The proposed Higher Education Commission of India (HECI), which is set to replace the UGC, will take over the All India Council of Technical Education (AICTE).

HECI will comprise of four independent verticals within one umbrella institution

  • The first vertical will be the National Higher Education Regulatory Council (NHERC) that will function as the common, single point regulator for the higher education sector including teacher education and excluding medical and legal education, thus eliminating the duplication and disjunction of regulatory efforts by the multiple regulatory agencies that exist at the current time
  • The second vertical will be a ‘meta-accrediting body’, called the National Accreditation Council (NAC). Accreditation of institutions will be based primarily on basic norms, public self-disclosure, good governance, and outcomes, and it will be carried out by an independent ecosystem of accrediting institutions supervised and overseen by NAC.
  • The third vertical of HECI will be the Higher Education Grants Council (HEGC), which will carry out funding and financing of higher education based on transparent criteria, including the IDPs prepared by the institutions and the progress made on their implementation.
  • The fourth vertical of HECI will be the General Education Council (GEC), which will frame expected learning outcomes for higher education programmes, also referred to as ‘graduate attributes’. A National Higher Education Qualification Framework (NHEQF) will be formulated by the GEC and it shall be in sync with the National Skills Qualifications Framework (NSQF) to ease the integration of vocational education into higher education.

The draft of the Bill will be put up in public domain in September 2020 and will be taken up in parliament after that.

5. Indian institutions setting up campuses abroad and allowing foreign universities’ campuses in India ( Implementation dates unclear)

NEP recommends that High performing Indian universities should be encouraged to set up campuses in other countries, and similarly, selected universities e.g., those from among the top 100 universities in the world should be facilitated to operate in India.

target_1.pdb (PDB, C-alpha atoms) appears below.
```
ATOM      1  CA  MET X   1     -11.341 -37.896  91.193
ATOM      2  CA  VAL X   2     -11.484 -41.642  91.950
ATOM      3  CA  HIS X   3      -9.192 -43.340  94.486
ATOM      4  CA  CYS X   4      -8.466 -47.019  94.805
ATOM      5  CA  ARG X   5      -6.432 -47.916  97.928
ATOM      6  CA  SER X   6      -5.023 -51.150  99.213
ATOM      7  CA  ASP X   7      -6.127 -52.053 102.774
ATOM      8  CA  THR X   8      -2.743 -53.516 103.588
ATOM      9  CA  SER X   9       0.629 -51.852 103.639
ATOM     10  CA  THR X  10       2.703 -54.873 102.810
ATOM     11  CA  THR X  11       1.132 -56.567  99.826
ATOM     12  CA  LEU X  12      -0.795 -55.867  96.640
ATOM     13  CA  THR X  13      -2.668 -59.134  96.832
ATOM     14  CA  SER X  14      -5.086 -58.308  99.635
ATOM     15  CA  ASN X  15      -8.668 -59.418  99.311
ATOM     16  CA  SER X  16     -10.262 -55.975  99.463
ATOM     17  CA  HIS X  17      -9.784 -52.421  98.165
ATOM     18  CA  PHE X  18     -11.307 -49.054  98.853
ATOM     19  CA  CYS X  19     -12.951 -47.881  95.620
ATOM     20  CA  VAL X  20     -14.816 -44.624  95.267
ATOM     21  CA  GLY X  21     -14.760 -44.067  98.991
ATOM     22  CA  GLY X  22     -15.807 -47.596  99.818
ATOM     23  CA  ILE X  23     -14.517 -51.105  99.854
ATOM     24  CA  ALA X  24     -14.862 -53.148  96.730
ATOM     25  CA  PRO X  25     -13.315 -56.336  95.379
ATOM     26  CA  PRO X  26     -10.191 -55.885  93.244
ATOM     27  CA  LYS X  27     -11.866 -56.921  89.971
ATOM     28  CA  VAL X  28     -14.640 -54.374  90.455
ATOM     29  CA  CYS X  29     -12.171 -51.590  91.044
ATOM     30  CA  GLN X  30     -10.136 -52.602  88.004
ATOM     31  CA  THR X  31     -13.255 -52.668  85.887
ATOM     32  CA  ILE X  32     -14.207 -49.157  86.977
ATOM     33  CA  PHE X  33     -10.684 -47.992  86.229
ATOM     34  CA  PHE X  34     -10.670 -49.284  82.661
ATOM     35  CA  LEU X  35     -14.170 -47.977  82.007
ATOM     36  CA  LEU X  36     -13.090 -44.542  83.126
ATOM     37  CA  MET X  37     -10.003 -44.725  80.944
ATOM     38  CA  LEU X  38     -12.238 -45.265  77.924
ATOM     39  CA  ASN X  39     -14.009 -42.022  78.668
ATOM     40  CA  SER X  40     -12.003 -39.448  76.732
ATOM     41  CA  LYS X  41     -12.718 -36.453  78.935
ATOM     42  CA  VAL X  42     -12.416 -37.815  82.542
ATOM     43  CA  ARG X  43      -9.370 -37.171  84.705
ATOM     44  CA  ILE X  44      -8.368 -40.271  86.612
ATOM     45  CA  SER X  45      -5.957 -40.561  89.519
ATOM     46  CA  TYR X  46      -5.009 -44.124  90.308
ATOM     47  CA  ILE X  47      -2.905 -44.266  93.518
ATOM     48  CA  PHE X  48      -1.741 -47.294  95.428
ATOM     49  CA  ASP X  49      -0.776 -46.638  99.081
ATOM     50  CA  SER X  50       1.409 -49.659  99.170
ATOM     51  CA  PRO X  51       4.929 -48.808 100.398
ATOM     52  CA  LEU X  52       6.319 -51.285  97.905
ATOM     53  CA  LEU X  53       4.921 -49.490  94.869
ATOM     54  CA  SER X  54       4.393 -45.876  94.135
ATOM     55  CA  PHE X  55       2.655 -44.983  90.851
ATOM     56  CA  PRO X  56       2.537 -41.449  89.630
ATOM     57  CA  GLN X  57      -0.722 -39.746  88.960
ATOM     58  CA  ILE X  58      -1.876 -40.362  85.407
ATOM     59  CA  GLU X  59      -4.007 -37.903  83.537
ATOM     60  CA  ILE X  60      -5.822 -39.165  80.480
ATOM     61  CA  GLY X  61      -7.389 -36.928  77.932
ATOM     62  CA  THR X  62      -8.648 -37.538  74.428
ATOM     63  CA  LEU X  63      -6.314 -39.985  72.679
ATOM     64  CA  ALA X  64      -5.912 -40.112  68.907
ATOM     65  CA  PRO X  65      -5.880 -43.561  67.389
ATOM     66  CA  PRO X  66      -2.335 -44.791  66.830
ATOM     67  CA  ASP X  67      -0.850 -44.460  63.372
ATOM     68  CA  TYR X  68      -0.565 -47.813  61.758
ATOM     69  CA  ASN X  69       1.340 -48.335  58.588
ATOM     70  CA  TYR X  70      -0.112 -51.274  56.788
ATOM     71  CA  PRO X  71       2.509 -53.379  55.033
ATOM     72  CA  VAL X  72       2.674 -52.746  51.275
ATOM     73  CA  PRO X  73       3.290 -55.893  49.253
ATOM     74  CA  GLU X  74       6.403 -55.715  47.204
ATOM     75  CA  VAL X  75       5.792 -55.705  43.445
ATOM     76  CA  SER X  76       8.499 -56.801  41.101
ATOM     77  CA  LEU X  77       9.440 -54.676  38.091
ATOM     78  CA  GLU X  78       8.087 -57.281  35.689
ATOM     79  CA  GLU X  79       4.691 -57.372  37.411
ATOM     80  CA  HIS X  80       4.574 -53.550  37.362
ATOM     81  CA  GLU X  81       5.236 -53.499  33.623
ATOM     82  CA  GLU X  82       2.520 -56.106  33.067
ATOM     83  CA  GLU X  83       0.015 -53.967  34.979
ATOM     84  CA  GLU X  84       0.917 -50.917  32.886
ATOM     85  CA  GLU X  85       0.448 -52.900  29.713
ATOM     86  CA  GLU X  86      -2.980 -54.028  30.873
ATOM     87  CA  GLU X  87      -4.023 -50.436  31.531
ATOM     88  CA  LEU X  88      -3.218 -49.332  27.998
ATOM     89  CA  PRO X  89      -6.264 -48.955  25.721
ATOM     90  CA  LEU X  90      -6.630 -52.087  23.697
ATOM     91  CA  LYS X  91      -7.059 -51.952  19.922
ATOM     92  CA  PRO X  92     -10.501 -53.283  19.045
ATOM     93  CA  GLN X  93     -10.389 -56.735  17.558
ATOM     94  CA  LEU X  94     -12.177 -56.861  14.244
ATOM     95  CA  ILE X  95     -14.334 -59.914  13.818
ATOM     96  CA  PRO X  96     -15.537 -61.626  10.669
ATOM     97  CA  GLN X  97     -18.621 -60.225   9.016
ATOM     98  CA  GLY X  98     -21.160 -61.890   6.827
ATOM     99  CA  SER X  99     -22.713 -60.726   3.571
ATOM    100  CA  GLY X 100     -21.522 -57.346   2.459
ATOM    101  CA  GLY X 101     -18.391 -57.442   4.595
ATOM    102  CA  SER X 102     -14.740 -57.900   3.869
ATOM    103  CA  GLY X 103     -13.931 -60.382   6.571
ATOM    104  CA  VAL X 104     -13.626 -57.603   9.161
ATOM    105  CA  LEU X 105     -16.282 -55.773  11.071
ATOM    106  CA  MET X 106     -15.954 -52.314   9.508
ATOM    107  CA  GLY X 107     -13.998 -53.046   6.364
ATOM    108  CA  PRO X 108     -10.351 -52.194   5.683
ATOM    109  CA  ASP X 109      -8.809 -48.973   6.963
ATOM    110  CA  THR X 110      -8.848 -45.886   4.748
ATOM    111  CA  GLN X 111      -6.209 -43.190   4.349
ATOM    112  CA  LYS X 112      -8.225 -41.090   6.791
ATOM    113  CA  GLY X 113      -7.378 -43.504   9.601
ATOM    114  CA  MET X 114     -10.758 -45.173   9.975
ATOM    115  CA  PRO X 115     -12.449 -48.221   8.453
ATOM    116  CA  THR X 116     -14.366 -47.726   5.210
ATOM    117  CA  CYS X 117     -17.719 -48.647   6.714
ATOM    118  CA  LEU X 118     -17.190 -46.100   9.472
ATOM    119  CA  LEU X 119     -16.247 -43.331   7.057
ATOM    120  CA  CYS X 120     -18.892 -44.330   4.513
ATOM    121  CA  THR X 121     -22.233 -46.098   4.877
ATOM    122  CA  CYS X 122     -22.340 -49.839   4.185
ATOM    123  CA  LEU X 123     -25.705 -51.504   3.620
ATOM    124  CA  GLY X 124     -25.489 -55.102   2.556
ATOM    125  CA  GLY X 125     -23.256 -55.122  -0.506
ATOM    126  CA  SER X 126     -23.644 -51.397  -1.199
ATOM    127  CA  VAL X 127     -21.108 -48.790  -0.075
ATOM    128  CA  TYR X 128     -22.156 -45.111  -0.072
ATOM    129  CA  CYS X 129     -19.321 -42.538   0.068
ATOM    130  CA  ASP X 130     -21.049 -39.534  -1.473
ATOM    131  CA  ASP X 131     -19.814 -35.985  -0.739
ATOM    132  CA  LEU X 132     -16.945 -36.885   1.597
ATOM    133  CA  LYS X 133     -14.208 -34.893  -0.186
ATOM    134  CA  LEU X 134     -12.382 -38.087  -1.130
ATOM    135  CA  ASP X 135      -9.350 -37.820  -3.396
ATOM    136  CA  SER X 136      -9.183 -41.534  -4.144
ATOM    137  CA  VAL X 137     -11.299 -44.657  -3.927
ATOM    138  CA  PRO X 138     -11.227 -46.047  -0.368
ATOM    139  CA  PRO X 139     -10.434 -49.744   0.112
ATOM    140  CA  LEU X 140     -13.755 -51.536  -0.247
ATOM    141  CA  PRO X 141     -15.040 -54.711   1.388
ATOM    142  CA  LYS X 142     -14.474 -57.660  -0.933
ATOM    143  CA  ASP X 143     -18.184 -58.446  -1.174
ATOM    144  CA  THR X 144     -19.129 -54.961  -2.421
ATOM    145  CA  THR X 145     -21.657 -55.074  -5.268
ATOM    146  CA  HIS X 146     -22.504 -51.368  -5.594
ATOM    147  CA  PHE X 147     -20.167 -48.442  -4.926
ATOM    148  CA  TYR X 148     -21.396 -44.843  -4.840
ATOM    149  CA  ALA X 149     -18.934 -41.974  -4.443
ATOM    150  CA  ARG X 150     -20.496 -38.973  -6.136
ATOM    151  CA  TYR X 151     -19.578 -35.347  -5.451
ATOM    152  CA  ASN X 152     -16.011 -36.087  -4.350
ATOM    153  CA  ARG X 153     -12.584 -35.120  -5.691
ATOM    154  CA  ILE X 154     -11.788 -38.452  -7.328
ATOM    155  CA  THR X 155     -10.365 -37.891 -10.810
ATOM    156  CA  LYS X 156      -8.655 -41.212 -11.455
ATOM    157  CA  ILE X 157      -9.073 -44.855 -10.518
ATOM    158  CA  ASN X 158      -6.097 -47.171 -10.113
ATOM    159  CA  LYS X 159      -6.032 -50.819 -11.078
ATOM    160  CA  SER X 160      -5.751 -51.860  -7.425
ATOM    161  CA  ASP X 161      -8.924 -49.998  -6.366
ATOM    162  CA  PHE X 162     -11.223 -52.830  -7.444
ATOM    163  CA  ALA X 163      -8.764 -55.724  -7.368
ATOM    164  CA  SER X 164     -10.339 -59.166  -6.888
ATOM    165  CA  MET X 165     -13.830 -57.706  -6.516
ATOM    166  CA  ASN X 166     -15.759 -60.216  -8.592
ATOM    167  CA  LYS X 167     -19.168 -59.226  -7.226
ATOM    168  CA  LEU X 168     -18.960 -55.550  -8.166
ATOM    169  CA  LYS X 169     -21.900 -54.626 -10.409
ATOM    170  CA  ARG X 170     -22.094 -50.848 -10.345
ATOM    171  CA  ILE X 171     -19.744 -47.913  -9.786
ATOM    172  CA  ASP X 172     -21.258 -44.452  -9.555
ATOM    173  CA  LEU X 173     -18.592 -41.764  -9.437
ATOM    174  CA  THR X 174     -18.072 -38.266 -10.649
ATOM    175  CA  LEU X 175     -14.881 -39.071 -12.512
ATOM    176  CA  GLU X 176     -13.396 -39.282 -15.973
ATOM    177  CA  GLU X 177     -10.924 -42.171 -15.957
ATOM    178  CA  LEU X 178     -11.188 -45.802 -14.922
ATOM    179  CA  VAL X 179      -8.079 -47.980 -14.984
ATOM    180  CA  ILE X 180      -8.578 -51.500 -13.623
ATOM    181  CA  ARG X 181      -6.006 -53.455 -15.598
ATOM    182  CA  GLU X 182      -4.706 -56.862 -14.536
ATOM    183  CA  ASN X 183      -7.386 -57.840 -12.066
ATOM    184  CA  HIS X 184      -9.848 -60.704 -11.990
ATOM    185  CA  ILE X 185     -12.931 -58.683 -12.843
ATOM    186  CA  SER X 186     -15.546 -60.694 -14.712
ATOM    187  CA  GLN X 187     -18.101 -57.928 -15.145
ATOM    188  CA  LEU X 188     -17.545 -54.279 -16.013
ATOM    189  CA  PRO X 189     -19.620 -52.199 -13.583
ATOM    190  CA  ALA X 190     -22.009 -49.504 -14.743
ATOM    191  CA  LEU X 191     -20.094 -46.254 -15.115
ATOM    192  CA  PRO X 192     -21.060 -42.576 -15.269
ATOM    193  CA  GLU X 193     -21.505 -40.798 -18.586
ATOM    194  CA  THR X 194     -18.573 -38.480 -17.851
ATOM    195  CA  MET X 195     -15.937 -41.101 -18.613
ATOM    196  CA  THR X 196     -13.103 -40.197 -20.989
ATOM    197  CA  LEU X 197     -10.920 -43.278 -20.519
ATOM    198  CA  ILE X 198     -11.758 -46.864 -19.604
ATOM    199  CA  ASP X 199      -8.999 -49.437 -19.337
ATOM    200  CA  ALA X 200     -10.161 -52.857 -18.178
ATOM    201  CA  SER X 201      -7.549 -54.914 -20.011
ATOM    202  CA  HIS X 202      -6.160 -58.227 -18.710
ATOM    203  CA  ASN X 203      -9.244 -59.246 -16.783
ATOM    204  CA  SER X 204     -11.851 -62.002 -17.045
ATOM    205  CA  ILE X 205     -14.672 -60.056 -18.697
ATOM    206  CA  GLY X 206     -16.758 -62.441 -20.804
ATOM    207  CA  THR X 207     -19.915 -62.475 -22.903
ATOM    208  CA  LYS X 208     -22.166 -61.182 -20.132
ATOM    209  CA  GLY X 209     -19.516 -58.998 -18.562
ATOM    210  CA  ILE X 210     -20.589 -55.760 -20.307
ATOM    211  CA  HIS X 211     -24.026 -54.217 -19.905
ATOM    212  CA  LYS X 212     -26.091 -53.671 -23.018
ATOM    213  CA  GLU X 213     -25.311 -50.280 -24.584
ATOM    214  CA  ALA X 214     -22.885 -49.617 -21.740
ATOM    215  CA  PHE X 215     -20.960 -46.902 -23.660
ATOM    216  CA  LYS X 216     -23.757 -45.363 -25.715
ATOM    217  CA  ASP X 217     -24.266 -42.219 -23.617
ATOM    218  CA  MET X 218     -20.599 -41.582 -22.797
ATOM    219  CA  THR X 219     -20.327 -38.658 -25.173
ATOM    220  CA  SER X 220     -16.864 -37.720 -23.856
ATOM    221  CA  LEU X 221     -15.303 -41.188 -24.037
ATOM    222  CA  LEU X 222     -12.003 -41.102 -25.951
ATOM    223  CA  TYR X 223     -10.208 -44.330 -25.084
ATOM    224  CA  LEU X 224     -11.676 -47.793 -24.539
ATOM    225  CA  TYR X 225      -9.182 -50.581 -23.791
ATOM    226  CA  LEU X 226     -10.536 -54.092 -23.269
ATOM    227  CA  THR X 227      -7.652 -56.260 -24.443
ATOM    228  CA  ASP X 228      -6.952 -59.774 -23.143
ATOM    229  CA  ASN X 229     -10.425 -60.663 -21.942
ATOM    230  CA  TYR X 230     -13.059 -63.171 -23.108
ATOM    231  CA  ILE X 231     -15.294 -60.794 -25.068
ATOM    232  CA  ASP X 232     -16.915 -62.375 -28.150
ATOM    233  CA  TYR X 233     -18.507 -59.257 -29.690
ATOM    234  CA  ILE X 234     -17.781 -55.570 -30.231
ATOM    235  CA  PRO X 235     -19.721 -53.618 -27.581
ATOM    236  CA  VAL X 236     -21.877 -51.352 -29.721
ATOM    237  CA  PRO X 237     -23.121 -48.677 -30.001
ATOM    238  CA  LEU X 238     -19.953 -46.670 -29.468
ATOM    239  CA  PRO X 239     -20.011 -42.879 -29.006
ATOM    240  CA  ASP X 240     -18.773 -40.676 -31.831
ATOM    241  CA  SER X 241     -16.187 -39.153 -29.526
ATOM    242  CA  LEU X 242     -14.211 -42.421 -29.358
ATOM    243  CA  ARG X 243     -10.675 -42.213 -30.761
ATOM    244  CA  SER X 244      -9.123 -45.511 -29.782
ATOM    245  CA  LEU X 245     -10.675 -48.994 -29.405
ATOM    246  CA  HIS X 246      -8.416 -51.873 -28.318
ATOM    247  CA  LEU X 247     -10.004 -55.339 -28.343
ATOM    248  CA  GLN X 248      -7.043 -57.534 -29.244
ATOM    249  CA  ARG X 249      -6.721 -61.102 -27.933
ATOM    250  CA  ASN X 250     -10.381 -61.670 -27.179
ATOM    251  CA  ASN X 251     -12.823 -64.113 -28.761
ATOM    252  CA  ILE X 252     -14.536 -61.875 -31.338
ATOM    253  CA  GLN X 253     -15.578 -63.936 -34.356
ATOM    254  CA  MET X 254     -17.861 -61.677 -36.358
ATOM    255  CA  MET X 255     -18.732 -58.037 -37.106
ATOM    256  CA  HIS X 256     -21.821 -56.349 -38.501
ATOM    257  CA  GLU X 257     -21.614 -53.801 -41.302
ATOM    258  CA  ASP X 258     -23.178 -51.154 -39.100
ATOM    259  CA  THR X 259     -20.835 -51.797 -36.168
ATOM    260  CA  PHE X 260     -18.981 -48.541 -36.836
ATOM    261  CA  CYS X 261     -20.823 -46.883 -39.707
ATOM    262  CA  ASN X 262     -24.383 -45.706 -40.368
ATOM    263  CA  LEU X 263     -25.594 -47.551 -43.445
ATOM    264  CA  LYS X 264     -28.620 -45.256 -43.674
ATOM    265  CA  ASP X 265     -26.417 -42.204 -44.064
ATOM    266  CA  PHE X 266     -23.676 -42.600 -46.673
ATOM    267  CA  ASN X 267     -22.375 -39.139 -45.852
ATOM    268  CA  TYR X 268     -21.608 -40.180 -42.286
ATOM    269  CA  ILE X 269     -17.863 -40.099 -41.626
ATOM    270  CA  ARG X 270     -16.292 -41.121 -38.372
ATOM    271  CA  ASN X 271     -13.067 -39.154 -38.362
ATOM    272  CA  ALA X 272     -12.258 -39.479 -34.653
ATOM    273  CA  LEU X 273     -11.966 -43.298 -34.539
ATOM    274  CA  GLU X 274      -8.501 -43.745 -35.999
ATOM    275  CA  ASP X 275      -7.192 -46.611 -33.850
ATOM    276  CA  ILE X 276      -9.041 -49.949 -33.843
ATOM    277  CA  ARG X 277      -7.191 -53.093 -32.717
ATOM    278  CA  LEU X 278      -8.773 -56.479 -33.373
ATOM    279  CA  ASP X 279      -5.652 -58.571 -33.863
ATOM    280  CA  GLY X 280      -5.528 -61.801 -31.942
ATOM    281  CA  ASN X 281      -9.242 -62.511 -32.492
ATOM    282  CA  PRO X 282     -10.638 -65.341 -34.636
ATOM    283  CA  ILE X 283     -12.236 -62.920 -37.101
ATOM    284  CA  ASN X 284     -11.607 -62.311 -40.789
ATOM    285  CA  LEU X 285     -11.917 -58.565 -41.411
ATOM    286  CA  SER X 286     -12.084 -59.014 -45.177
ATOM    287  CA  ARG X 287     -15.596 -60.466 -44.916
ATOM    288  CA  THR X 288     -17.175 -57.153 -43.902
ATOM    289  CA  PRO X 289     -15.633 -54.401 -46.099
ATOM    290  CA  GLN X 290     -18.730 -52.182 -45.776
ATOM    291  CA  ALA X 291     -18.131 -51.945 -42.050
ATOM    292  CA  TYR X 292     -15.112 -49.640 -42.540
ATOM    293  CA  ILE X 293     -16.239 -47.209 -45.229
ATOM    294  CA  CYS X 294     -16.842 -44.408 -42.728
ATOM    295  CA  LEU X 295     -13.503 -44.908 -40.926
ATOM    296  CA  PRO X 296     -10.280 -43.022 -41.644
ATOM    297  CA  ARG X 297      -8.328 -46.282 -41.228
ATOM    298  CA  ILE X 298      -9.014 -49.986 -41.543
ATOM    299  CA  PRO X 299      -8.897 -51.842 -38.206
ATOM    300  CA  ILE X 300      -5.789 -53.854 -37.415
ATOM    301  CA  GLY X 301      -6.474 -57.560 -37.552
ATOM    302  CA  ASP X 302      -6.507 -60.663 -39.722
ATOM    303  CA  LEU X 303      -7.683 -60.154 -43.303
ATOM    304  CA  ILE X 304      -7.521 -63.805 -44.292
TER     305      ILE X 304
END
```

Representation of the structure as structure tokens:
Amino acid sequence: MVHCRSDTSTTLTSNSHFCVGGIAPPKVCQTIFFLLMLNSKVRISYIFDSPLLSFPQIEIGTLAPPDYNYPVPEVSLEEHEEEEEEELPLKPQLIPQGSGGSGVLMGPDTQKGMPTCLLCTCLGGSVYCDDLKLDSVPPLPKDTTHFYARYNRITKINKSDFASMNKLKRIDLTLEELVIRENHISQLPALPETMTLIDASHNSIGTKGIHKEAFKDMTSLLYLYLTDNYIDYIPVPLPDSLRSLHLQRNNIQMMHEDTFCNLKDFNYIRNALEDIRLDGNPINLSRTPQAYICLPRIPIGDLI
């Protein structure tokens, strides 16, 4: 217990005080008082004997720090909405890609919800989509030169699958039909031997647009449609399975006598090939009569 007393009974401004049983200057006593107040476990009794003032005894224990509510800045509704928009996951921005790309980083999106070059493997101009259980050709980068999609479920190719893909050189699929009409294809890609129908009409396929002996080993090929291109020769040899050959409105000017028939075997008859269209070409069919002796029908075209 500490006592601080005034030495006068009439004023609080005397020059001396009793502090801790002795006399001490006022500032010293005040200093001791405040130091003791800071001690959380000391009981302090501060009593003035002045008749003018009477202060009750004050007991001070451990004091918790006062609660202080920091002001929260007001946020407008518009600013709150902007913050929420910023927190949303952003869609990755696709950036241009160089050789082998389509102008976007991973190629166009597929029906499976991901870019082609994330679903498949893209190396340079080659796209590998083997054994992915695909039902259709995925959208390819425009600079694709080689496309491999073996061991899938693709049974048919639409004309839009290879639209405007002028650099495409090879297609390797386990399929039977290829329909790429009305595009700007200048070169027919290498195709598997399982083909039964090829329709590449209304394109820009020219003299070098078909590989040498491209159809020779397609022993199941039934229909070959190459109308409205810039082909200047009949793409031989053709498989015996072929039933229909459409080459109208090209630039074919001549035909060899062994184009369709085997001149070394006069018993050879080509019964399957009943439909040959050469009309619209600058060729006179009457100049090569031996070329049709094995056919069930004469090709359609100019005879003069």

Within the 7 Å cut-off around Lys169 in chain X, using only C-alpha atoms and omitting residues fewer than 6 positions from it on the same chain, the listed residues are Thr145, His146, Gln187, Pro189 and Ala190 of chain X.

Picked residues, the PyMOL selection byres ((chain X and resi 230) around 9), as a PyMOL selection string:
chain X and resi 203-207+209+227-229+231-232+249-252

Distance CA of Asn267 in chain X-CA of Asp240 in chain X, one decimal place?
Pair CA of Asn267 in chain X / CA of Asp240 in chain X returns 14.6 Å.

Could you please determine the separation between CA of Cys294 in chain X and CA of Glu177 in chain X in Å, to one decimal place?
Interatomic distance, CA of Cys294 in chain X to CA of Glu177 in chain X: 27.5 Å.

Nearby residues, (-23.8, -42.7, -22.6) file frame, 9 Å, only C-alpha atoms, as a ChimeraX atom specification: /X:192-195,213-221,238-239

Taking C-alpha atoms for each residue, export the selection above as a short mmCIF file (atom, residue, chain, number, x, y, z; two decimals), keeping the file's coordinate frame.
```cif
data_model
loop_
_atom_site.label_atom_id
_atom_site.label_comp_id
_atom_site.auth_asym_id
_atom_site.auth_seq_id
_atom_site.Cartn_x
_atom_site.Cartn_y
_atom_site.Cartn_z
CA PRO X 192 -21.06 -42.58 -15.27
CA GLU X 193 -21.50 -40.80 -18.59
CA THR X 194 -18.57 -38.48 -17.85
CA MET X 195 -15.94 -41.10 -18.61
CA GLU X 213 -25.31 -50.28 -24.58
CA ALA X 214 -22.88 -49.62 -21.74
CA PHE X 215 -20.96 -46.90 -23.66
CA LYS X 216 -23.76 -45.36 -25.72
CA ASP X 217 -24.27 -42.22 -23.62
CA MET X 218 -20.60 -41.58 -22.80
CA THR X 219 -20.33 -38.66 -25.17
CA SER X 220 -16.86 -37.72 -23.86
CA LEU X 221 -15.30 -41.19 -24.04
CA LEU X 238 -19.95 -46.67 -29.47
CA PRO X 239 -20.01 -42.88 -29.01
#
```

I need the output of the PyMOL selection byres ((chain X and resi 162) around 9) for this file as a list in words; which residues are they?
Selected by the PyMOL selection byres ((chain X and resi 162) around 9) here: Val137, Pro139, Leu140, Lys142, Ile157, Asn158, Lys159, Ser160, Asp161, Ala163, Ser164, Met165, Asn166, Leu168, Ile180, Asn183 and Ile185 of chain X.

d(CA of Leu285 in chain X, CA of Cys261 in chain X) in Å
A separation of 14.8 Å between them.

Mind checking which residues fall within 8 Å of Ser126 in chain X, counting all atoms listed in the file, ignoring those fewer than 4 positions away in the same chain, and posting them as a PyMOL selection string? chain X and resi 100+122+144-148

NEP calls for a legislative framework to facilitate such entry , and such universities be given special dispensation regarding regulatory, governance, and content norms on par with other autonomous institutions of India. Furthermore, research collaboration and student exchanges between Indian institutions and global institutions must be promoted through special efforts. Credits acquired in foreign universities will be permitted, where appropriate as per the requirements of each HEI, to be counted for the award of a degree.

The new regulator Higher Education Commission of India will have to bring new regulations. Setting up foreign university in India might require a bill.

6. Achieving 50 per cent Gross Enrolment Ratio (GER) in higher education, including vocational education, by 2035

NEP calls for establishment of more HEIs in underserved regions to ensure full access, equity, and inclusion and says that by 2030, aim should be to establish at least one large multidisciplinary HEI in or near every district.

NEP calls for increasing the Gross Enrolment Ratio in higher education including vocational education from 26.3% (2018) to 50% by 2035. While a number of new institutions may be developed to attain these goals, a large part of the capacity creation will be achieved by consolidating, substantially expanding, and also improving existing HEIs

School Education

7. The formulation of a new and comprehensive National Curricular Framework for School Education (NCFSE) by 2020-21

The formulation of a new and comprehensive National Curricular Framework for School Education, NCFSE 2020-21, will be undertaken by the NCERT - based on the principles of this National Education Policy 2020, frontline curriculum needs, and after discussions with all stakeholders including State Governments, Ministries, relevant Departments of the Central Government, and other expert bodies, and will be made available in all regional languages.

The NCFSE document shall henceforth be revisited and updated once every 5-10 years, taking into account frontline curriculum.

8. National Professional Standards for Teachers to be laid down by 2022

A common guiding set of National Professional Standards for Teachers (NPST) will be developed by 2022, by the National Council for Teacher Education in its restructured new form as a Professional Standard Setting Body (PSSB) under the General Education Council (GEC), in consultation with NCERT, SCERTs, teachers from across levels and regions, expert organizations in teacher preparation and development, expert bodies in vocational education, and higher education institutions.